Unions Let Slip The Dogs of More

From the diaries by Jeff

Image Hosted by UploadIt.orgThere is a classic Bob Newhart skit about a man visiting the home of a friend who has a large and vicious dog. After being intermittently dragged around the room and pinned to the furniture by the beast, Newhart’s character manages to mollify it with handfuls of gumdrops out of a bowl. This works fine until he realizes he’s running low on gumdrops and his host nonchalantly advises him that if you stop feeding the dog “he doesn’t understand.”


If there is a better analog to the current entitlement-withdrawal syndrome we are witnessing in Wisconsin and elsewhere — both in terms of the brute stupidity of its participants and the growing horror with which it’s being observed — I am at a loss to find it.

In a period of less than a week union thugs have made their displeasure with Wisconsin Gov. Scott Walker, Fox News, Glenn Beck, FreedomWorks, various Tea Party representatives, and pretty much anyone else who can’t sing “Joe Hill” from memory manifest by making sure the expression “when push comes to shove” is anything but figurative.

Consider this calorically challenged defender of the working man — who probably can’t see his belt, much less tighten it — heroically blind-siding a Tea Party activist then waddling off at high speed (relatively speaking):

One of the more egregious incidents (though it’s a highly competitive field) was the assault on FreedomWorks’ Tabitha Hale — who as anyone will tell you is indistinguishable from Hulk Hogan — by one such irrigator of hydrants, who was obviously put out that someone would be filming him at a public event, or perhaps taken aback by the realization that modern mobile phones can actually do that. In any case, if the eloquence of his remarks wasn’t sufficient to guarantee him immortality Mr. Sluggo can rest assured that whacking the smallest, least confrontational human within his reach will.


In the midst of all this, the speed with which the unions have been able to embrace their inner Cujo has been matched only by the rapid evaporation of crocodile tears in the mainstream media over the lack of civil discourse. Anyone surprised by either of these developments should eschew all games of chance right now.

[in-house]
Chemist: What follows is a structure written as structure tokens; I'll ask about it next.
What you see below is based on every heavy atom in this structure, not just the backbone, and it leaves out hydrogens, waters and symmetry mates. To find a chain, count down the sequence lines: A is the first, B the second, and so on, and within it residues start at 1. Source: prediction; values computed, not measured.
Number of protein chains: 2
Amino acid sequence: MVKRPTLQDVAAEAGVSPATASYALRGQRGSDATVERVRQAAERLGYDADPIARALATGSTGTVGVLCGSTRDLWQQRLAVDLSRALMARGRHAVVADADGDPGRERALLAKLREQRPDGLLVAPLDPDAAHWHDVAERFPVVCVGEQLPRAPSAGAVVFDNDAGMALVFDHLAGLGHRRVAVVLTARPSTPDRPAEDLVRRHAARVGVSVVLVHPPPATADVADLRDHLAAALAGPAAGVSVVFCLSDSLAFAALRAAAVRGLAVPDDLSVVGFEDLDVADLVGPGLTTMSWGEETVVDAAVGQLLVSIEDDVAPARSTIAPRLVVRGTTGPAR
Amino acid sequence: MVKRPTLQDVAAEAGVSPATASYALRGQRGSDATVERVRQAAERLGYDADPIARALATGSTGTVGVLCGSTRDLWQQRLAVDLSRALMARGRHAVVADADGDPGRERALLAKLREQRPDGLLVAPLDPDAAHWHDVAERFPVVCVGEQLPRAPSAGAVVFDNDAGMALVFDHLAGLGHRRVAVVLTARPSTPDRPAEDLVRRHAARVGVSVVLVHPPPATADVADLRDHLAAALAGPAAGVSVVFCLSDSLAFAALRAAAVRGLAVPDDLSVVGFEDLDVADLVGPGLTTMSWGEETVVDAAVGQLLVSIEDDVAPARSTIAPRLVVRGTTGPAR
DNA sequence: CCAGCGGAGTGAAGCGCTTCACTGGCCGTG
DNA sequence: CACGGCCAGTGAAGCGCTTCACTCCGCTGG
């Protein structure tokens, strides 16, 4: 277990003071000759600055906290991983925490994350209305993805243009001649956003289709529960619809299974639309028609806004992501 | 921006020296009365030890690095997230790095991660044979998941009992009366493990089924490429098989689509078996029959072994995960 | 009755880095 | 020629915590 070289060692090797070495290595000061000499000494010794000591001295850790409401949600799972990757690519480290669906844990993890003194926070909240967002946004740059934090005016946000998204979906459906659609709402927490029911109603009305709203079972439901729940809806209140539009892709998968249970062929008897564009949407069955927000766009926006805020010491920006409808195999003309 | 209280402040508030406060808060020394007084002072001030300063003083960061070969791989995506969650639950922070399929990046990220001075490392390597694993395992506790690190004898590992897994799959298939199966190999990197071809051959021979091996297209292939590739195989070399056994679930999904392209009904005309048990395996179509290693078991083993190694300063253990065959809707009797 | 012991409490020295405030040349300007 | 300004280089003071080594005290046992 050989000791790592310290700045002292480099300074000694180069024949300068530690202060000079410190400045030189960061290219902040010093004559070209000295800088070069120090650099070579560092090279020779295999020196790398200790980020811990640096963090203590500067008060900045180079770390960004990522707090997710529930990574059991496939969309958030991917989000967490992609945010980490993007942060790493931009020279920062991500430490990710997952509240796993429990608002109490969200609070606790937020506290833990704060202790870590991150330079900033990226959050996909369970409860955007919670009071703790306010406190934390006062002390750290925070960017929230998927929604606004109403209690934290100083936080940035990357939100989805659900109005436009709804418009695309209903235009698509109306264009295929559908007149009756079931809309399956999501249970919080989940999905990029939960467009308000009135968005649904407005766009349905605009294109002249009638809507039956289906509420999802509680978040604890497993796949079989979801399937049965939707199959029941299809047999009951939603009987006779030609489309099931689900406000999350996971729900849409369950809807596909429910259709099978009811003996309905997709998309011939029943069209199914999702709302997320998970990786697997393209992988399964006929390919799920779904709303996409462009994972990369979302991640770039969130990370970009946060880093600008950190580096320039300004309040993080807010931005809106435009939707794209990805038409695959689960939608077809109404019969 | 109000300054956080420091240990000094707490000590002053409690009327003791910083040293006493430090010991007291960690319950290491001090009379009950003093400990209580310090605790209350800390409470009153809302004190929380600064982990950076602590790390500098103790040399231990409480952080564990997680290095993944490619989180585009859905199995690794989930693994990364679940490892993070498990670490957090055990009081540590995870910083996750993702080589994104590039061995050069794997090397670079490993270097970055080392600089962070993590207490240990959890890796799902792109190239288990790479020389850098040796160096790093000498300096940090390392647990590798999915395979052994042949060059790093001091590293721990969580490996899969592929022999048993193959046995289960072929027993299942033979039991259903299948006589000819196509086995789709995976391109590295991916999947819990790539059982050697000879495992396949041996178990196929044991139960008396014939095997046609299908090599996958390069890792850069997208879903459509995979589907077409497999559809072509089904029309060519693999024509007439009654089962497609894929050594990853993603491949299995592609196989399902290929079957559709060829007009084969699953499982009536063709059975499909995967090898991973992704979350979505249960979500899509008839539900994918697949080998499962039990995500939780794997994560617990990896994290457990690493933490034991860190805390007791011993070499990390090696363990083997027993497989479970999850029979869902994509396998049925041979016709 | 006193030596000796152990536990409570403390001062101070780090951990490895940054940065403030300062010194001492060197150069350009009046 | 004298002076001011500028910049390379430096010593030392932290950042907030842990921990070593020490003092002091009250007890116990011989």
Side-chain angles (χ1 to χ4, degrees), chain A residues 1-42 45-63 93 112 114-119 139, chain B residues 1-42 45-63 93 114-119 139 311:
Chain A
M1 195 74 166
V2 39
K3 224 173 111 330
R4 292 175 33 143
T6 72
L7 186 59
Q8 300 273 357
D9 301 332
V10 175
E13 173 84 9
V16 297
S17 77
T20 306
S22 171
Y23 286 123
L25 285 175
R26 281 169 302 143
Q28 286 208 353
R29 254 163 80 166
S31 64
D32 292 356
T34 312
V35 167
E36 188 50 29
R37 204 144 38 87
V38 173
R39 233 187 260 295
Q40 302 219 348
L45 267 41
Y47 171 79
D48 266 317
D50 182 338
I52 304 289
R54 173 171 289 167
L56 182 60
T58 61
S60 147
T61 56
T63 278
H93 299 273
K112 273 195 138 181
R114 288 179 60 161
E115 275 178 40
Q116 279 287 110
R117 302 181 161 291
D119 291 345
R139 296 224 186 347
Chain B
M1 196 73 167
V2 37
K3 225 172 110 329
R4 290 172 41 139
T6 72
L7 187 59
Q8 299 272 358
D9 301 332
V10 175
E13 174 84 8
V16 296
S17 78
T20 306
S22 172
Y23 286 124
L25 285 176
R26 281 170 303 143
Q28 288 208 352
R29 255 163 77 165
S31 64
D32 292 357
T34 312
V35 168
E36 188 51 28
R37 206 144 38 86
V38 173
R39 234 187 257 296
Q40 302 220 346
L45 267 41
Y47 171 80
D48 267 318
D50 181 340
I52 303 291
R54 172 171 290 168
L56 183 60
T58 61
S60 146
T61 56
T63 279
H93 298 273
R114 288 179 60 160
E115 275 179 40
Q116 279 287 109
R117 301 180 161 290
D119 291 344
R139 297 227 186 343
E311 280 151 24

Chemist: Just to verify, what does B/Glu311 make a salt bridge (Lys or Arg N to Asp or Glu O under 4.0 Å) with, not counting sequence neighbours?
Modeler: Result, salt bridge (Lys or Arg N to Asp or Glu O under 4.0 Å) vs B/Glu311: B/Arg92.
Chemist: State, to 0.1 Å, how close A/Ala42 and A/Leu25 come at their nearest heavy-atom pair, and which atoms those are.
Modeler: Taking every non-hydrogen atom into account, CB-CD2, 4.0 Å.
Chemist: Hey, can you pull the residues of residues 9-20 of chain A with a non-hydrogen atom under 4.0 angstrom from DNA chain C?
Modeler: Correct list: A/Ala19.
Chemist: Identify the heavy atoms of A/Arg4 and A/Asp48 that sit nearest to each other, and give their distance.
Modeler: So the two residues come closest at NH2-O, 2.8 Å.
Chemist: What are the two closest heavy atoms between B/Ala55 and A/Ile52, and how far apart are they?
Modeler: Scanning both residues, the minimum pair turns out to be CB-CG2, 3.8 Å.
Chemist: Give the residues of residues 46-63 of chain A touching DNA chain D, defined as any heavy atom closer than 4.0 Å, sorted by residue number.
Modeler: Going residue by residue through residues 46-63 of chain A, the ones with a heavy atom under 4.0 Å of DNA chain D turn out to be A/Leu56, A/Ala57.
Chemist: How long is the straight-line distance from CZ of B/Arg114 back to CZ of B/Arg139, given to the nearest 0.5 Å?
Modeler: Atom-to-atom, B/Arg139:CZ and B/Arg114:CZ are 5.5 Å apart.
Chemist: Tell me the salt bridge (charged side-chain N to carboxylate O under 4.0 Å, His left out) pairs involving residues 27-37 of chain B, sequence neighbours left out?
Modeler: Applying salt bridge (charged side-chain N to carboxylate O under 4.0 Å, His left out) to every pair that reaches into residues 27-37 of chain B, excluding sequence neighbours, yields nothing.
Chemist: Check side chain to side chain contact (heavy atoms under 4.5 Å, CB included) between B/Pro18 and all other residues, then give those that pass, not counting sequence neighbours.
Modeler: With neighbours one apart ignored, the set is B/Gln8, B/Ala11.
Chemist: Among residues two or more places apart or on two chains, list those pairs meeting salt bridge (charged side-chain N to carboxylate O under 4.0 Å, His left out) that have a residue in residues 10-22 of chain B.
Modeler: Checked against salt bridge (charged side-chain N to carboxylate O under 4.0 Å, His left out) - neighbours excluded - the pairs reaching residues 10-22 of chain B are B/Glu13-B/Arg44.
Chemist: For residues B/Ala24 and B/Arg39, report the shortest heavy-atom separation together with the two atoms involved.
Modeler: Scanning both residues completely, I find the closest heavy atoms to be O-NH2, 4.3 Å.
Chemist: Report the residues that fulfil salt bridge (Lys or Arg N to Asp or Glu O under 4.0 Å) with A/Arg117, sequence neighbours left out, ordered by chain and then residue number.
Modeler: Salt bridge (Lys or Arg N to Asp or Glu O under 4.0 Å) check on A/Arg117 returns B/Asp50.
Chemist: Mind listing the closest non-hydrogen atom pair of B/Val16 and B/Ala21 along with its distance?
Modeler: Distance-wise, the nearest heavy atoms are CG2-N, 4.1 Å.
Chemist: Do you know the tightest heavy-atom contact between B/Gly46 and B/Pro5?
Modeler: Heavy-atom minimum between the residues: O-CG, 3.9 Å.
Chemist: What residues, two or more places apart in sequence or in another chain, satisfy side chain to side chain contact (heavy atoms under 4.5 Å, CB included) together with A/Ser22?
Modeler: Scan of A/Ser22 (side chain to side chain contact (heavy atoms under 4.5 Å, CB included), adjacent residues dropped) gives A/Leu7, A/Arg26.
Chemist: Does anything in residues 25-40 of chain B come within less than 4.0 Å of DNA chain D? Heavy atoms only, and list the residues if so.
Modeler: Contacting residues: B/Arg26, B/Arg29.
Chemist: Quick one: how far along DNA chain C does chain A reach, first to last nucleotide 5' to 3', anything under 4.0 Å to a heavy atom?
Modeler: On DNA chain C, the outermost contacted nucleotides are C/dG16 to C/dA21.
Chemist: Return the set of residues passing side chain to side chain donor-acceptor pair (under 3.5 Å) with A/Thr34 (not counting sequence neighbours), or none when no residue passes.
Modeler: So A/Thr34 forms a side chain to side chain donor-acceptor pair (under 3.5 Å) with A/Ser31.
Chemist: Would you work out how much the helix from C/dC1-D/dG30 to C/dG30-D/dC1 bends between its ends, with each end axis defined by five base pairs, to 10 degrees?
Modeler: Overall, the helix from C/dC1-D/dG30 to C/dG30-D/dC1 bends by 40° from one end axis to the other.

I appreciate it might seem unnecessarily provocative to compare union thugs to dogs — especially to those in the moderate attack dog community — so let me offer a “scratch behind the ears” qualification. These aren’t just any dogs, they’re the ones out of “Animal Farm”. These are the pack animals that are inevitably dispatched when socialists run out of other people’s money, and those other people finally notice.

Hayek had it about right when he wrote:

Once government has embarked upon planning for the sake of justice, it cannot refuse responsibility for anybody’s fate or position.


These difficulties need not lead to open clashes so long as socialism is merely the aspiration of a limited and fairly homogeneous group. They come to the surface only when a socialist policy is actually attempted with the support of the many different groups which together compose the majority of a people. Then it soon becomes the one burning question which of the different sets of ideals shall be imposed upon all by making the whole resources of the country serve it. [Emphasis mine]

— The Road to Serfdom (F. A. Hayek and Bruce Caldwell)


Thus we have the public service unions — and teachers unions in particular — acting as perfect microcosms of the socialist dynamic. As beneficiaries of a redistributive scheme long on slogans and short on basic arithmetic they have a dizzying array of explanations as to why two plus two does in fact equal five. When THE PLAN fails — and it always fails, for the same kinds of fixed and immutable reasons that planes fall out the sky when they lose power — the planners must find a scapegoat.

Thus, the issue for them is not that governments, out of basic survival instinct, are being dragged kicking and screaming into fiscal responsibility — and that one casualty will be the unsustainable lifestyle to which public sector unions would like to become accustomed. The real reason is oppression and union-busting … and by the way 2+2 = 5. Therefore the pit-poodles must be dispatched to battle the oppressors. Older, smaller, weaker oppressors are definitely preferable.

Accordingly, Tabitha Hale and the growing throng of others who have been on the receiving end of that particular brand of attention unions reserve for anyone bright enough to understand the First Amendment, and unwise enough to actually apply it, should accordingly take solace that it isn’t personal.


We’re just out of gumdrops and they don’t understand.


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